Peter: The media has certainly become more graphic in its depiction of war, famine and catastrophe. Dead bodies are shown more often, and there’s an imperative to show the reality of violence as a moral corrective to complacency. But by any standards this increasingly graphic depiction of violence in the media has been accompanied by a rapid fall in violence in our everyday lives, from street robberies to armed conflict abroad. We live, as Stephen Pinker has shown in his book The Better Angels of our Nature, in a time of unprecedented peace and personal safety. As a result, compared to the gratuitous violence of the 70s and 80s, I notice that most movies now explore the psychological and personal consequences of violence, much more than the physical effects. The TV Batman of my youth was always punching and killing people. The Batman Begins trilogy by Christopher Nolan explored personal trauma, and our attitudes to combating violence. Horror novels deal with the same debate. They explore the psychology of victimhood or sadism – not just the physical impact of torture or abuse. In short, violence has become a metaphor for a loss of trust, or (sometimes) the sexual complicity in subordination and domination. In essence, it’s moved on to a complex debate about the parameters of personal desire and responsibility.

Josh: With the shock and gore tactics of a lot of modern ‘torture porn’ films that are so popular now, there are an abundance of horror experiences that are quicker, more convenient and some would say easier to access and digest. As a huge reader and fan of horror novels, I would say there is nothing better than getting into a good book. What is your opinion on this?

Peter: As I’ve written in the New Statesman on a Short History of Violence (some 20 years ago) the ability to conjure up technical effects of shock and horror is a classic virtuouso performance from every artist from Sophocles and Virgil to Caravaggio and Shakespeare. But what we are in danger of losing in our technical appreciations of the spectacle of fear is the inner dimension of tragedy. A horror story causes us to disengage from the hero or heroine at the moment of personal exposure. Tragedy does the reverse. Rather than shaking us out of the fiction with shock and horror, tragedy causes us to both be inside and outside the fiction with the cathartic emotions of pity and terror: pity at the hero’s predicament and lack and self insight: terror at the impending doom we can see will ensue. Tragedy makes us enter the hero subjectively but see his or her fate objectively. Horror does the reverse: we become objective about the pathology of their flesh, and subjective about their fate.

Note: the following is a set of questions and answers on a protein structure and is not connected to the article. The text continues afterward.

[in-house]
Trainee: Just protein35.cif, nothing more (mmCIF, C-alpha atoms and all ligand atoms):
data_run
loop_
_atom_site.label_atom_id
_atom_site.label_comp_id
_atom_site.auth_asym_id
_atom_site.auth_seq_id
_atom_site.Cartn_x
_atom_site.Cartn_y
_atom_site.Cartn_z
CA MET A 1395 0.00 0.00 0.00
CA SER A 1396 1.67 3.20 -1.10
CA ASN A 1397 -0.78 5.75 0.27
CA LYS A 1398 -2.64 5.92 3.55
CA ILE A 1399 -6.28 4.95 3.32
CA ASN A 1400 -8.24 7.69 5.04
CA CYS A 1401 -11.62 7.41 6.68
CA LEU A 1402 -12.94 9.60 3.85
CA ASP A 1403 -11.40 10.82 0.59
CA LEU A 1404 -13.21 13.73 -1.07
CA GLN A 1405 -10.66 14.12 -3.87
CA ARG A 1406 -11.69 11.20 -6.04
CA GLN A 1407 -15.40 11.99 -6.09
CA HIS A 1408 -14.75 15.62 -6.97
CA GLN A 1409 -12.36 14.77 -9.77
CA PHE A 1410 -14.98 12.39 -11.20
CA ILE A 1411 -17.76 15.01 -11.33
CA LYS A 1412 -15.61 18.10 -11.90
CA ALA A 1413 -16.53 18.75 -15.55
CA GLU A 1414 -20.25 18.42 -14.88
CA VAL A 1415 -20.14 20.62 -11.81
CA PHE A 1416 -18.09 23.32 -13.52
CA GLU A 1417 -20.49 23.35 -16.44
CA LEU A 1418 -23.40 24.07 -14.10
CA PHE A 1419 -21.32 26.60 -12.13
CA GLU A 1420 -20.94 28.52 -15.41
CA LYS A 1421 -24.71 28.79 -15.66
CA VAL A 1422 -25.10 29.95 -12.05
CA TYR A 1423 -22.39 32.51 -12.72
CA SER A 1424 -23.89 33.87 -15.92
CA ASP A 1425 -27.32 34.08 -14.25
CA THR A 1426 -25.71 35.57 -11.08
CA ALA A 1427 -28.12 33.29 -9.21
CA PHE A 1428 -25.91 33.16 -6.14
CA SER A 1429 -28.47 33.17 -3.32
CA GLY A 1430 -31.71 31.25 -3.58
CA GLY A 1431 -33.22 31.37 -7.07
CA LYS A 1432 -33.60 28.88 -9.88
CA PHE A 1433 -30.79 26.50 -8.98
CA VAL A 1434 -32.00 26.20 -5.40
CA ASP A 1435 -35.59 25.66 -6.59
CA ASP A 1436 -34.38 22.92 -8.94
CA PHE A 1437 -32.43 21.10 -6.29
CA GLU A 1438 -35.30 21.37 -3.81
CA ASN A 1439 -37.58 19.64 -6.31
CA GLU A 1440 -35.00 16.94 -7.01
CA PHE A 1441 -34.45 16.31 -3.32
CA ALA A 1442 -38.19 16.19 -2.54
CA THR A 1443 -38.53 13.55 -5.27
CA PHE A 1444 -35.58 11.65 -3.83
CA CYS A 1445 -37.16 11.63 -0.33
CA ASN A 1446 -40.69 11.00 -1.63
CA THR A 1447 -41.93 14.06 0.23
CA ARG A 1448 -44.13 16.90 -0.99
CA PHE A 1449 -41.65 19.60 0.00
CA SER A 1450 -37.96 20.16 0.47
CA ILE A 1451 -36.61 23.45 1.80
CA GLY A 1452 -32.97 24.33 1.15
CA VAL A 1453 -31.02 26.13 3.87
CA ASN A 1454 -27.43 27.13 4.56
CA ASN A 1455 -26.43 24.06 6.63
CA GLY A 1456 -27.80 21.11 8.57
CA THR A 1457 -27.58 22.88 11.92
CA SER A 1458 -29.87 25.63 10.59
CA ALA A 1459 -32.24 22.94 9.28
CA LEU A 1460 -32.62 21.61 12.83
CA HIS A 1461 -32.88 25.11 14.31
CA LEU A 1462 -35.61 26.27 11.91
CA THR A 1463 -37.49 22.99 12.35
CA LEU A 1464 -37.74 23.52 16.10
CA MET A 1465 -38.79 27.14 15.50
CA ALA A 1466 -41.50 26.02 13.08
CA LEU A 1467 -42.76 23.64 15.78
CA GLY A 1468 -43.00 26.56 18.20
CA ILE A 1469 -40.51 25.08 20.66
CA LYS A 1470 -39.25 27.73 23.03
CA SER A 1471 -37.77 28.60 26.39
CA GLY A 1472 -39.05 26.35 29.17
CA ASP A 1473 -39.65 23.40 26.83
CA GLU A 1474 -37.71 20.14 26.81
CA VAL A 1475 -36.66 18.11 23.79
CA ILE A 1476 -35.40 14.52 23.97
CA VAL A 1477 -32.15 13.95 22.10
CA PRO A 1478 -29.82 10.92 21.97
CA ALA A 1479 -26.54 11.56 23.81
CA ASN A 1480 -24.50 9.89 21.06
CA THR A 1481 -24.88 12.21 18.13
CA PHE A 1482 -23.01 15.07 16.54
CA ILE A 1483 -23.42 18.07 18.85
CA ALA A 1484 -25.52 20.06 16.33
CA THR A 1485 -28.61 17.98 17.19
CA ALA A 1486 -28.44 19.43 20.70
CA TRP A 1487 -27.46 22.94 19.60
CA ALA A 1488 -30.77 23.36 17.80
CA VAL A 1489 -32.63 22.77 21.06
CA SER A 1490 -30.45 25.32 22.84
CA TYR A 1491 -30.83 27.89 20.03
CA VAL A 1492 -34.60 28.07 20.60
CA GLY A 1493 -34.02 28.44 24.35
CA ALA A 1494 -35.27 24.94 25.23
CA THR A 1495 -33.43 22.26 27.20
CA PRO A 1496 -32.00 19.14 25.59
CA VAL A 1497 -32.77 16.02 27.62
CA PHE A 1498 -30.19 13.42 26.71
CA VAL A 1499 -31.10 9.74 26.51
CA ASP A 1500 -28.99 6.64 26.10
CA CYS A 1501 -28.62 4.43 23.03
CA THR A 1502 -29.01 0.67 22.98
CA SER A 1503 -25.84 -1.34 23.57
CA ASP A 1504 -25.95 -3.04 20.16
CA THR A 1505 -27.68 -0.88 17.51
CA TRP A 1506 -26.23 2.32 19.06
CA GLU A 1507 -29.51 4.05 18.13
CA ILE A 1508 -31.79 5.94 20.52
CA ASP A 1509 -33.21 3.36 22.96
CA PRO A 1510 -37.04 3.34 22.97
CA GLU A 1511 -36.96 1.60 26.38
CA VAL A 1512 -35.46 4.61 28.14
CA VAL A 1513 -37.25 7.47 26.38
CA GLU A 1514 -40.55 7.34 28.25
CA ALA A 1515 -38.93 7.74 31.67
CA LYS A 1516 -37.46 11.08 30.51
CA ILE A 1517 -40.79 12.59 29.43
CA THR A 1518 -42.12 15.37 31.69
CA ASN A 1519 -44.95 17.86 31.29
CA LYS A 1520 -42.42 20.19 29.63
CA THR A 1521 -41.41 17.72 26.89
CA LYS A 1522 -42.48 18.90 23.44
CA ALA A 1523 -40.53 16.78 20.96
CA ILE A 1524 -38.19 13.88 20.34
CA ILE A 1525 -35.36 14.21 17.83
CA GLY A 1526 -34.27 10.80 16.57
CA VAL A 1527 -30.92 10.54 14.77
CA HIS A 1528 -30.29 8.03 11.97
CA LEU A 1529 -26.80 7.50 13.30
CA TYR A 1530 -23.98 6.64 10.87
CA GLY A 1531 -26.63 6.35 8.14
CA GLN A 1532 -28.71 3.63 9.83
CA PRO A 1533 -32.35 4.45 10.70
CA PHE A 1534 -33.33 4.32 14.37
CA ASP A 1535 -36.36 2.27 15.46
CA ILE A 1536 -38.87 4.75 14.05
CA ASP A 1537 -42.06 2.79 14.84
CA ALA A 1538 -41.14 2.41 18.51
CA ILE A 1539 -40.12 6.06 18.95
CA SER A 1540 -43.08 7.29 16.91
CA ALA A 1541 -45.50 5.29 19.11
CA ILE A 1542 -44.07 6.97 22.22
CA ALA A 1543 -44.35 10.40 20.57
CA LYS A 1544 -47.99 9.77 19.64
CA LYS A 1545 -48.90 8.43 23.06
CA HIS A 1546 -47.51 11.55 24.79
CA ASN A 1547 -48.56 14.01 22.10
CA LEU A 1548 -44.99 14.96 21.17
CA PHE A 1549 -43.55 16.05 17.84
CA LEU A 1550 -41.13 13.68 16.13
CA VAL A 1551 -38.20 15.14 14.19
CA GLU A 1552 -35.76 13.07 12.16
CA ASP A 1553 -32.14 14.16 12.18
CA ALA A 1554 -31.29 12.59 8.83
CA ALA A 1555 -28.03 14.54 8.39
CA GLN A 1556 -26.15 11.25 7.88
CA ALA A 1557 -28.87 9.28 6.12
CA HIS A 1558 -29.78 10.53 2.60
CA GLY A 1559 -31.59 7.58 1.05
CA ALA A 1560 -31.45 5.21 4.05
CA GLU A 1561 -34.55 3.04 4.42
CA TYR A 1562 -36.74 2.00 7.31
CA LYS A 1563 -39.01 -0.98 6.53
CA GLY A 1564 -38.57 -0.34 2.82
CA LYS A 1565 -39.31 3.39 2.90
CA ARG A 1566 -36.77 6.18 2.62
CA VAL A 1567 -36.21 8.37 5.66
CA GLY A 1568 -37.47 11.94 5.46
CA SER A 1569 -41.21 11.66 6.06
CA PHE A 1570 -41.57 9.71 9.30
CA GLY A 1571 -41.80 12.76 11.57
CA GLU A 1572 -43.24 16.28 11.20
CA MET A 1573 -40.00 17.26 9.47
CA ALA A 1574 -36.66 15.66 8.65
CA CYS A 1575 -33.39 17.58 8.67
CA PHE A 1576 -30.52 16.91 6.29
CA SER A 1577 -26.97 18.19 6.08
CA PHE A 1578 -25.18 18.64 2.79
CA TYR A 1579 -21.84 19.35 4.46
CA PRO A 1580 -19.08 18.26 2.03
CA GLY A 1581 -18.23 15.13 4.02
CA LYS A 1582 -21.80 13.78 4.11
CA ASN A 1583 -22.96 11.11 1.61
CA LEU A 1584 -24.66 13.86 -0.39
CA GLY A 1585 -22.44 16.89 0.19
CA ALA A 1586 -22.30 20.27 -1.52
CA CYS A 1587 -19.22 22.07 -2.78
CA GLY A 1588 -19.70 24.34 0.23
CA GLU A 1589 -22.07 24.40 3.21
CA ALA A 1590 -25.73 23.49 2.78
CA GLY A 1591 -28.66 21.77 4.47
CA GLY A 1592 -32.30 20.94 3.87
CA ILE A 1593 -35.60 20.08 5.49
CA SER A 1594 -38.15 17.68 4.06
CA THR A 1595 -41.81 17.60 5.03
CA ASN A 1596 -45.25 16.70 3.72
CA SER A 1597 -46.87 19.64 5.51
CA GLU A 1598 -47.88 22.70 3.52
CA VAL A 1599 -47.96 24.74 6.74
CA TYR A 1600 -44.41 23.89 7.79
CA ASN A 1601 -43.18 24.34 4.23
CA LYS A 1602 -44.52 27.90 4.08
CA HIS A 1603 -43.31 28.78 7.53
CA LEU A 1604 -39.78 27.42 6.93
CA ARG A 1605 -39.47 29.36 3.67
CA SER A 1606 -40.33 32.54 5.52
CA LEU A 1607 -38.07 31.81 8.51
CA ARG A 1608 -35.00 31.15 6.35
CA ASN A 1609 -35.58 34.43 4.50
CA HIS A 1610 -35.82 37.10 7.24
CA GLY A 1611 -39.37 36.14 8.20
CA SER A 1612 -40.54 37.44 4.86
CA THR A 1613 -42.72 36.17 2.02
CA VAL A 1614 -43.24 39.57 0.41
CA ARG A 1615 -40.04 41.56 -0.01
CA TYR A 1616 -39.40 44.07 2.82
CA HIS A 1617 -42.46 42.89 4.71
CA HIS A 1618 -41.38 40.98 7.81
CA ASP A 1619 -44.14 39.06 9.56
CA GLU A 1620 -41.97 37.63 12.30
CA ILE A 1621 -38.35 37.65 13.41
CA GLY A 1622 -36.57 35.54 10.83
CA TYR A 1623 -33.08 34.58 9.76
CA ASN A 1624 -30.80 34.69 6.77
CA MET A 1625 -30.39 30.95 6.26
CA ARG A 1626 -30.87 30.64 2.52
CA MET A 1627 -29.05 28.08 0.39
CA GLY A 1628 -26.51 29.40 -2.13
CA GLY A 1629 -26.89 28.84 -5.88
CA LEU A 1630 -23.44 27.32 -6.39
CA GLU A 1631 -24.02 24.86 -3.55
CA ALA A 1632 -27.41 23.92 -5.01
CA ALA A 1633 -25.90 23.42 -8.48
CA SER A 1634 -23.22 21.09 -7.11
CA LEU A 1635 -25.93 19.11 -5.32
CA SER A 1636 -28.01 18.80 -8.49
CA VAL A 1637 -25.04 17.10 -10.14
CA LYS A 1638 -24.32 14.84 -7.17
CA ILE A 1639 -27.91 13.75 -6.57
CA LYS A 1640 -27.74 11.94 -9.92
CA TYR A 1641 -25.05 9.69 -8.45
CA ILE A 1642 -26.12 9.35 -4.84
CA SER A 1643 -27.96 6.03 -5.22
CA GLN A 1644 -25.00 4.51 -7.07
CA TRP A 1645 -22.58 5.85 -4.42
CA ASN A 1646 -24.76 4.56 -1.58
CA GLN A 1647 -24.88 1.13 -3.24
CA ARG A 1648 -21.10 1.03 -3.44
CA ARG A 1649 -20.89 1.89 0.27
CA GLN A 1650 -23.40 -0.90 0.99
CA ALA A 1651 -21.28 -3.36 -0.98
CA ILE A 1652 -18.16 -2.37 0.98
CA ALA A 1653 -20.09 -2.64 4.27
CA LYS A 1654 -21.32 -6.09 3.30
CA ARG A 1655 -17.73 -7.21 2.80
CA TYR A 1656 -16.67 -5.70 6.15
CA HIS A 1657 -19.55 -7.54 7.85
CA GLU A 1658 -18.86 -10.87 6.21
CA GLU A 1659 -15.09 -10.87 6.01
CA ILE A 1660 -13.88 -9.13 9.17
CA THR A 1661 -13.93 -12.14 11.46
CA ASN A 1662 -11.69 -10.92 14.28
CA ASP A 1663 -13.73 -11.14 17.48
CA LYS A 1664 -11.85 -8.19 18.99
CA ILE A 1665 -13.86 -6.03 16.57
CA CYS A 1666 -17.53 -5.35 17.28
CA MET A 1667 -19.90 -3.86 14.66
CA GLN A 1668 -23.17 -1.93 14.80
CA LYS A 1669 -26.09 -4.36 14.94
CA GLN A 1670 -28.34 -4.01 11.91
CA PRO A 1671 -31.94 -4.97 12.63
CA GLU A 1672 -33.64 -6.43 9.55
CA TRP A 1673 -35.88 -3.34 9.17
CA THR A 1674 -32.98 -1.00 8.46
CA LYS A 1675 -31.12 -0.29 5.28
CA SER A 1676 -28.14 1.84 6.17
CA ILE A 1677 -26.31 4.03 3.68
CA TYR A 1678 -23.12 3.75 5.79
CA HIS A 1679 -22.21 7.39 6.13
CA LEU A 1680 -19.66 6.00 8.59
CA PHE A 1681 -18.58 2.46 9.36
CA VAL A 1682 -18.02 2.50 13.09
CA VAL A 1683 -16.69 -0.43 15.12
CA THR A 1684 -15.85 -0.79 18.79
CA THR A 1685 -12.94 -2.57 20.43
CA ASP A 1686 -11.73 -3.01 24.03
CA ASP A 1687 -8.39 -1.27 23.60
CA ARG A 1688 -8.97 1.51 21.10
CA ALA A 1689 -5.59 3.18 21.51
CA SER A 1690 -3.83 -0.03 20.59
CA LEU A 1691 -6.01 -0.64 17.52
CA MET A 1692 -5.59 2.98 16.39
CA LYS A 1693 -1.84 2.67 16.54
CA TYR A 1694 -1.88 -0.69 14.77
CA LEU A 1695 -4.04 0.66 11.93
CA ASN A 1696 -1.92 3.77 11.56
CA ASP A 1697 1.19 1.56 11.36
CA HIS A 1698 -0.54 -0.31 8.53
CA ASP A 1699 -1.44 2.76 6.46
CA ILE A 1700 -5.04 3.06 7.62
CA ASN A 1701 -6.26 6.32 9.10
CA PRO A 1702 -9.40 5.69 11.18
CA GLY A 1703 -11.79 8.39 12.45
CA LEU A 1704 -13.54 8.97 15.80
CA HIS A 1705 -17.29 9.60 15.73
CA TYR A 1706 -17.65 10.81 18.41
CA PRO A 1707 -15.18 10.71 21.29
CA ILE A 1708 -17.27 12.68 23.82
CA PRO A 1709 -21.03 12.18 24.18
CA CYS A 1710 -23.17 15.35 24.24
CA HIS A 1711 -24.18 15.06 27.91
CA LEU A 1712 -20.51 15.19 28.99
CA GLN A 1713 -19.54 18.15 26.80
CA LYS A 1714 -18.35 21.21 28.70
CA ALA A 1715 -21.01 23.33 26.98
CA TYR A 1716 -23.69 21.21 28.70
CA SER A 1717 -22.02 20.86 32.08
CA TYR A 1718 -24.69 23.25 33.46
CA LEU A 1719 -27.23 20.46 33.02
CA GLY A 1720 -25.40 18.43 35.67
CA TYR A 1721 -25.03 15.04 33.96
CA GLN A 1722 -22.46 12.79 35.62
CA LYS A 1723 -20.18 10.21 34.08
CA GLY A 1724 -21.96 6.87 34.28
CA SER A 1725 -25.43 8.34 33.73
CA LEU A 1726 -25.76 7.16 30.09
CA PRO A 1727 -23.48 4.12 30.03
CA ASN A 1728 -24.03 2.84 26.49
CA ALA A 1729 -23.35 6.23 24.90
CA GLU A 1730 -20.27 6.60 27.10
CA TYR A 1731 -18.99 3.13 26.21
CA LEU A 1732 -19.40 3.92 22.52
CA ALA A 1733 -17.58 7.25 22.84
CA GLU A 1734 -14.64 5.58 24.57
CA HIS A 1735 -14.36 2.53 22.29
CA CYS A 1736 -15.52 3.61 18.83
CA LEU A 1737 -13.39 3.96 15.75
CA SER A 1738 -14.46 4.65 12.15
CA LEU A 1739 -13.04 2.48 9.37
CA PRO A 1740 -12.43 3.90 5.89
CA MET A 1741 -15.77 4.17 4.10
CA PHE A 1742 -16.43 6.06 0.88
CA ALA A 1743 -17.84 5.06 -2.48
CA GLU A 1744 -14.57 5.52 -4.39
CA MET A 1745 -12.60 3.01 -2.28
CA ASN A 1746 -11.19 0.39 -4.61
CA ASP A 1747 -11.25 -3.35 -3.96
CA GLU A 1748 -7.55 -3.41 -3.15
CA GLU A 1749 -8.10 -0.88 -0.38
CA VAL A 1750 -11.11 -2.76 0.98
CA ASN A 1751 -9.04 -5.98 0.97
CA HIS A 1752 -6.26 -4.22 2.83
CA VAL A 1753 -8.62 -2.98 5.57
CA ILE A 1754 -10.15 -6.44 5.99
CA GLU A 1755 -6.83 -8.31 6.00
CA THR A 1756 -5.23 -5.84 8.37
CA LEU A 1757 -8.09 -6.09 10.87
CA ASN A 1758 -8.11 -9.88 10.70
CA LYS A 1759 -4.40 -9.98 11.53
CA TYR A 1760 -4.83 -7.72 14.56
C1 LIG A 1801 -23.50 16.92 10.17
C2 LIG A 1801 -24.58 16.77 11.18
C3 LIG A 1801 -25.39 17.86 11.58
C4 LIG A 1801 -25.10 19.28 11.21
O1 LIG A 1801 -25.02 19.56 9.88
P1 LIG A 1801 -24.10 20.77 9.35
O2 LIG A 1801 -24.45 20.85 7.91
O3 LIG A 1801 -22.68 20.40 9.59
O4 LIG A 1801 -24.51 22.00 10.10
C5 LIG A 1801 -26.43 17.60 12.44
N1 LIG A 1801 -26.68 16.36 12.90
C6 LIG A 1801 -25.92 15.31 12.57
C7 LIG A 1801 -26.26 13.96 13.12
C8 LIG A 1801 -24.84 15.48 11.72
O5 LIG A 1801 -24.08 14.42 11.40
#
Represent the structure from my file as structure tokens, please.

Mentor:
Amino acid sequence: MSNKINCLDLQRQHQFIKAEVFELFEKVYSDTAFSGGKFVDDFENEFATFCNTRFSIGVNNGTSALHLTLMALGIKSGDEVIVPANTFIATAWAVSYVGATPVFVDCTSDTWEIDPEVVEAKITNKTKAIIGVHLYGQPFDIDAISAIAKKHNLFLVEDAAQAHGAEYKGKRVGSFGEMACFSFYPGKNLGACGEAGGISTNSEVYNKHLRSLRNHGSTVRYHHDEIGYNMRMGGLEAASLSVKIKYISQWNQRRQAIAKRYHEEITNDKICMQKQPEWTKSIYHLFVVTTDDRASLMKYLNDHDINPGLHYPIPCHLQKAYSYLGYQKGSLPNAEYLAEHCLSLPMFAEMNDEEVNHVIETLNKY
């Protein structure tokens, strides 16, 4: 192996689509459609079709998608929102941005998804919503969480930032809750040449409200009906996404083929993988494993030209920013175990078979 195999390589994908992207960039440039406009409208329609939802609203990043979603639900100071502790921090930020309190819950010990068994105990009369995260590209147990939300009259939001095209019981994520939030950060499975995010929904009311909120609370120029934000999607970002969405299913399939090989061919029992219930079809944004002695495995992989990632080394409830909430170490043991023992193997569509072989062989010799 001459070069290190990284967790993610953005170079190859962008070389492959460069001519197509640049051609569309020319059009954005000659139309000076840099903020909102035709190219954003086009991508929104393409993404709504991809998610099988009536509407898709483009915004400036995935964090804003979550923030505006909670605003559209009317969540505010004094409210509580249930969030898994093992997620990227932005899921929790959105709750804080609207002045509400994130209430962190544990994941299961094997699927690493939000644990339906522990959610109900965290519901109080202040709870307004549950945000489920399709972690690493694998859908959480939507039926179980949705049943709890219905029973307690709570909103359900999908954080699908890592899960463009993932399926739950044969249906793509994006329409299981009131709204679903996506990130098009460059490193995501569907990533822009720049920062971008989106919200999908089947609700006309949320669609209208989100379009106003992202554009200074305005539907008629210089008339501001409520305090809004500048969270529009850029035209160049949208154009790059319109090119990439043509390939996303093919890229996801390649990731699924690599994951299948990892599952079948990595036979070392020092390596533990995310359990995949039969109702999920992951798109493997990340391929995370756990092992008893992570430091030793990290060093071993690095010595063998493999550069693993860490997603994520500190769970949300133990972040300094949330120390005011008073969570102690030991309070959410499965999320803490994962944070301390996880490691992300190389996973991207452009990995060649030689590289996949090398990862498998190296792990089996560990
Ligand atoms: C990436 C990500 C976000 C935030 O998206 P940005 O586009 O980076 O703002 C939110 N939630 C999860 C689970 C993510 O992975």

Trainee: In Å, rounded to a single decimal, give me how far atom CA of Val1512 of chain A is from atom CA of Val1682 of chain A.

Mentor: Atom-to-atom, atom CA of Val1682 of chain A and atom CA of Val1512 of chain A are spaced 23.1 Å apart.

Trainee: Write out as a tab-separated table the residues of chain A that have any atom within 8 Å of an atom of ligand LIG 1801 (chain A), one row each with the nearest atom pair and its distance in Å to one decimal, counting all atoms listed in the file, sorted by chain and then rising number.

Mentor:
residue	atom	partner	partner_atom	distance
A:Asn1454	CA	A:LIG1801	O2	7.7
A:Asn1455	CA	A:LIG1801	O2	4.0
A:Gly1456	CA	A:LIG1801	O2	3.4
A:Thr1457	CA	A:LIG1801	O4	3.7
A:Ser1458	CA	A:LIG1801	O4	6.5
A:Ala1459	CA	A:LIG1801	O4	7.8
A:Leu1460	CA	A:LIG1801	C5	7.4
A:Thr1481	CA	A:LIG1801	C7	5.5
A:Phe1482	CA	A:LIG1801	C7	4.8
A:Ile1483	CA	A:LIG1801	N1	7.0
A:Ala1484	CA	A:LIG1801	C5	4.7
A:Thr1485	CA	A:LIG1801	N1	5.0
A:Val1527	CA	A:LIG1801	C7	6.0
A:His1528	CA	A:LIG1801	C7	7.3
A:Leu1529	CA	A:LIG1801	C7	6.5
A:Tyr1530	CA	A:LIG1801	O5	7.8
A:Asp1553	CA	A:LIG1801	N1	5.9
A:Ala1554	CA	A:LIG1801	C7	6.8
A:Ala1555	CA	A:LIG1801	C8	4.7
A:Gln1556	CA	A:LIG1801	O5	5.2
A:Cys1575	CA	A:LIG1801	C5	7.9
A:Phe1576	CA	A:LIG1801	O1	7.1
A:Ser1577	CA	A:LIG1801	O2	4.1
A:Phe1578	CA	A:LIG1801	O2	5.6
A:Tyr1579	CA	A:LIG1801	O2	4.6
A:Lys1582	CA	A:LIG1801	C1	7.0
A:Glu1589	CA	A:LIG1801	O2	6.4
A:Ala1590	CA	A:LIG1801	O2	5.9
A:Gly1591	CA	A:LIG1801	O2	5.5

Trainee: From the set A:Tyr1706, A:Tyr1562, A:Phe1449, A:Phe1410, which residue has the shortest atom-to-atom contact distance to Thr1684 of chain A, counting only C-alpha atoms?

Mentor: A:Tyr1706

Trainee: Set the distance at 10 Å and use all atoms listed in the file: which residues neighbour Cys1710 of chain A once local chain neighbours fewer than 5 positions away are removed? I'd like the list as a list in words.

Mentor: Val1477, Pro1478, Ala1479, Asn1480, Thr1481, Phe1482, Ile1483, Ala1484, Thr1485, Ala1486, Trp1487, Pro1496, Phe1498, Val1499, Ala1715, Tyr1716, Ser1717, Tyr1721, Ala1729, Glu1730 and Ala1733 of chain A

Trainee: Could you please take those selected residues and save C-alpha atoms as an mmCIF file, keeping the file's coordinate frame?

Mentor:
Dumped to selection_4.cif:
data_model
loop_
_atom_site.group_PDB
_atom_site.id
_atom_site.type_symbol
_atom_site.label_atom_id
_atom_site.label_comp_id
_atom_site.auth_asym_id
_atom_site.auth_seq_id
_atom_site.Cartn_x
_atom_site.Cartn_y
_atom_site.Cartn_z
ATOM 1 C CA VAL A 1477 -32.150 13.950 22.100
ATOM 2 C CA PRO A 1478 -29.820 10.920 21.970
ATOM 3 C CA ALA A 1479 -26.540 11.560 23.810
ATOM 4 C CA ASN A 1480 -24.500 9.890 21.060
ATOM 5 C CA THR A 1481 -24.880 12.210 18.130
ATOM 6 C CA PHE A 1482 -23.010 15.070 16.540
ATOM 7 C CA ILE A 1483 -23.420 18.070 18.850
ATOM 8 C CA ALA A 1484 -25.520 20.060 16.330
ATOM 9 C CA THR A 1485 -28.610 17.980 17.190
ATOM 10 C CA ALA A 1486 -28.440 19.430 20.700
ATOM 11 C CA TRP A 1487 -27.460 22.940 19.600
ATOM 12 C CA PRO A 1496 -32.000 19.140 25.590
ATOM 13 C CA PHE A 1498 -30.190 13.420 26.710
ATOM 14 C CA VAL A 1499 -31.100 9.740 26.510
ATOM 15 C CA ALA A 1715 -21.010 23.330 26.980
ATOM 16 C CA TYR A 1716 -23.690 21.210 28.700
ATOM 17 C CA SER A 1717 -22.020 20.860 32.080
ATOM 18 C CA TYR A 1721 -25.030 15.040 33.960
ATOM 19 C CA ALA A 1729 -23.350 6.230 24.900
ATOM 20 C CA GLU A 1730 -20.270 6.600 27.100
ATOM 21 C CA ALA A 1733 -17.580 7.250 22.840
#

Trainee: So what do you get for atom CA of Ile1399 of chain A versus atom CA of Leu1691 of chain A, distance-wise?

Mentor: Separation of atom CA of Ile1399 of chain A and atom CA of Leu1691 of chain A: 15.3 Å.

Josh: Thank you Peter, that was all fantastic and really insightful.

Peter: No worries Josh, great talking with you.

So, do the great horror novels have an influence on the best scary films? Give us a comment below, or chat to us on our Twitter page.

About Josh Russell

A snapshot of me. A complete and unashamed Tarantino fanboy, maybe except for From Dusk Till Dawn, with a fervour for the horrific and the scientific. I rely on a balanced diet of film and novel to keep me entertained and I can’t help giving myself nightmares. The most memorable of these books was probably IT by Stephen King, along with its movie counterpart. When I’m not terrifying myself, I’m mostly playing video games and spending way too much money on guitars. The last film I watched was The Matrix, again. Can’t help myself. When I have a spare 10 minutes I usually find myself wasting my life away on Buzzfeed. Seriously, I can’t stop, it’s a problem. I’m also worryingly obsessed with the lyrical and musical genius of Phil Collins. Complete guilty pleasure right there.